After a steady stream of leaks and teasers that kicked its off in December 2019, Samsung Neon is finally here at virtual CES. We had some inklings that Samsung would put its artificial humans to work, but it’s hitting the ground running with the launch of Neon WorkForce and Neon Content Creation. These AI creations are ready to do anything from helping you at the bank to delivering the weather or maybe even selling you tummy teas. If that last thought doesn’t shake you to your core, there’s always the fact that these could decimate the customer service industry.
The AI agenda – Three main products fuel the WorkForce and Content Creation services: the Neon View, Frame, and Studio. The Neon View is primed for your smartphone and the most text-heavy option, but video chat is supported. Going beyond typical chatbots thanks to its Core R3 technology, the artificial human should be able to respond in a dynamic, intelligent way like China’s favorite AI girlfriend.
The Neon Frame is meant for life-sized displays and seems primarily concerned with serving as an interactive information kiosk. These will likely show up in places like banks and airports, and South Korea’s Shinhan Bank has already agreed to implement the tech for contactless service.
With Neon Studio, an artificial human can spit out any script given to it with full expressions to go along with it. Neon’s partnership with CJ Group will allow the South Korean holding company to rollout “Artificial Human influencer media” at some point this year. CJ is known for consumer goods, mainly in the food realm, but it’s also a major player in the Kpop scene. With the success of Lil Miquela to look to, we could be looking at a new approach to Kpop artist creation.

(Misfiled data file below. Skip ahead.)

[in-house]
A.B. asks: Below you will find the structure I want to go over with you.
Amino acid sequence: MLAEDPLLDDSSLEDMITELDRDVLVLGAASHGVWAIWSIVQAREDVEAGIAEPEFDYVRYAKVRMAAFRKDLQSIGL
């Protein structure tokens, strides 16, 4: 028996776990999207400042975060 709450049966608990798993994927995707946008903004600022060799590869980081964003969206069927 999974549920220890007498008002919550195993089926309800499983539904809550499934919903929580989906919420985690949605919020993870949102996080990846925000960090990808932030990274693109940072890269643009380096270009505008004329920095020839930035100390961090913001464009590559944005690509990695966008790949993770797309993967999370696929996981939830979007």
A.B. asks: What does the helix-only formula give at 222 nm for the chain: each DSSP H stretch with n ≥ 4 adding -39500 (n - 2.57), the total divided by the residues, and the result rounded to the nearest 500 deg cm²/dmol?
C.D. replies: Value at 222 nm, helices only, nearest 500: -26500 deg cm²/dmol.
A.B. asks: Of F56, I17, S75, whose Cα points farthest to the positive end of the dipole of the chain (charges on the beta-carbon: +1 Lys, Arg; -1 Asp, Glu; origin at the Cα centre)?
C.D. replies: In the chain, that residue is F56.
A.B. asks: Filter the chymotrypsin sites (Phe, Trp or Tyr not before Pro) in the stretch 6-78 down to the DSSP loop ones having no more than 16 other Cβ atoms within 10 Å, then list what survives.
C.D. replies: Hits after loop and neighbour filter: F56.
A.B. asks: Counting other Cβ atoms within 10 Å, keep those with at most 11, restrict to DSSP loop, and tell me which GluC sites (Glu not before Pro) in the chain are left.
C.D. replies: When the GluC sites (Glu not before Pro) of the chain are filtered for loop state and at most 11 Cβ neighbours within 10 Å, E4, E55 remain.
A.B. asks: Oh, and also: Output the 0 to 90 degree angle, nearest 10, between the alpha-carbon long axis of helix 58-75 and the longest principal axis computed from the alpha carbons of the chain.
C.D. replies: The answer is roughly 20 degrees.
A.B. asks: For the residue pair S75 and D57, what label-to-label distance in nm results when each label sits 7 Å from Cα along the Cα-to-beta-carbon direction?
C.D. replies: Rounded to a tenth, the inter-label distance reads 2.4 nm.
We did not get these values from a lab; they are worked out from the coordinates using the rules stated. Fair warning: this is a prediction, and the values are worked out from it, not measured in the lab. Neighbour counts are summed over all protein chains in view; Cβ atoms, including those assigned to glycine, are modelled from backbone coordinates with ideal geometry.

Fake humans, real consequences — Devoid of context, the Neon project is walking the line between very cool and uncanny valley, but this tech will change the workforce as we know it. In South Korea, they’ve generally been crushing their coronavirus response, and life goes on close to normal. In America, however, tens of millions of people have already lost their jobs, and now, AI might be smart enough to take away an industry’s worth of positions.
It’s clear that many companies love to cut costs when it comes to customer service, often at the expense of the representatives. Samsung is prepared to help them remove the human element entirely with Neon WorkForce. Media companies may not always want to deal with paying an actor and the additional costs of filming them, opting for an artificial human who can get it in one take. In the music industry, not having to deal with egos while also not splitting earnings with the artist — or even producers and session musicians — could be tempting.
Though we're all getting used to having quite a bit of personal space in the world, this contactless solution is ahead of the world it's launching into.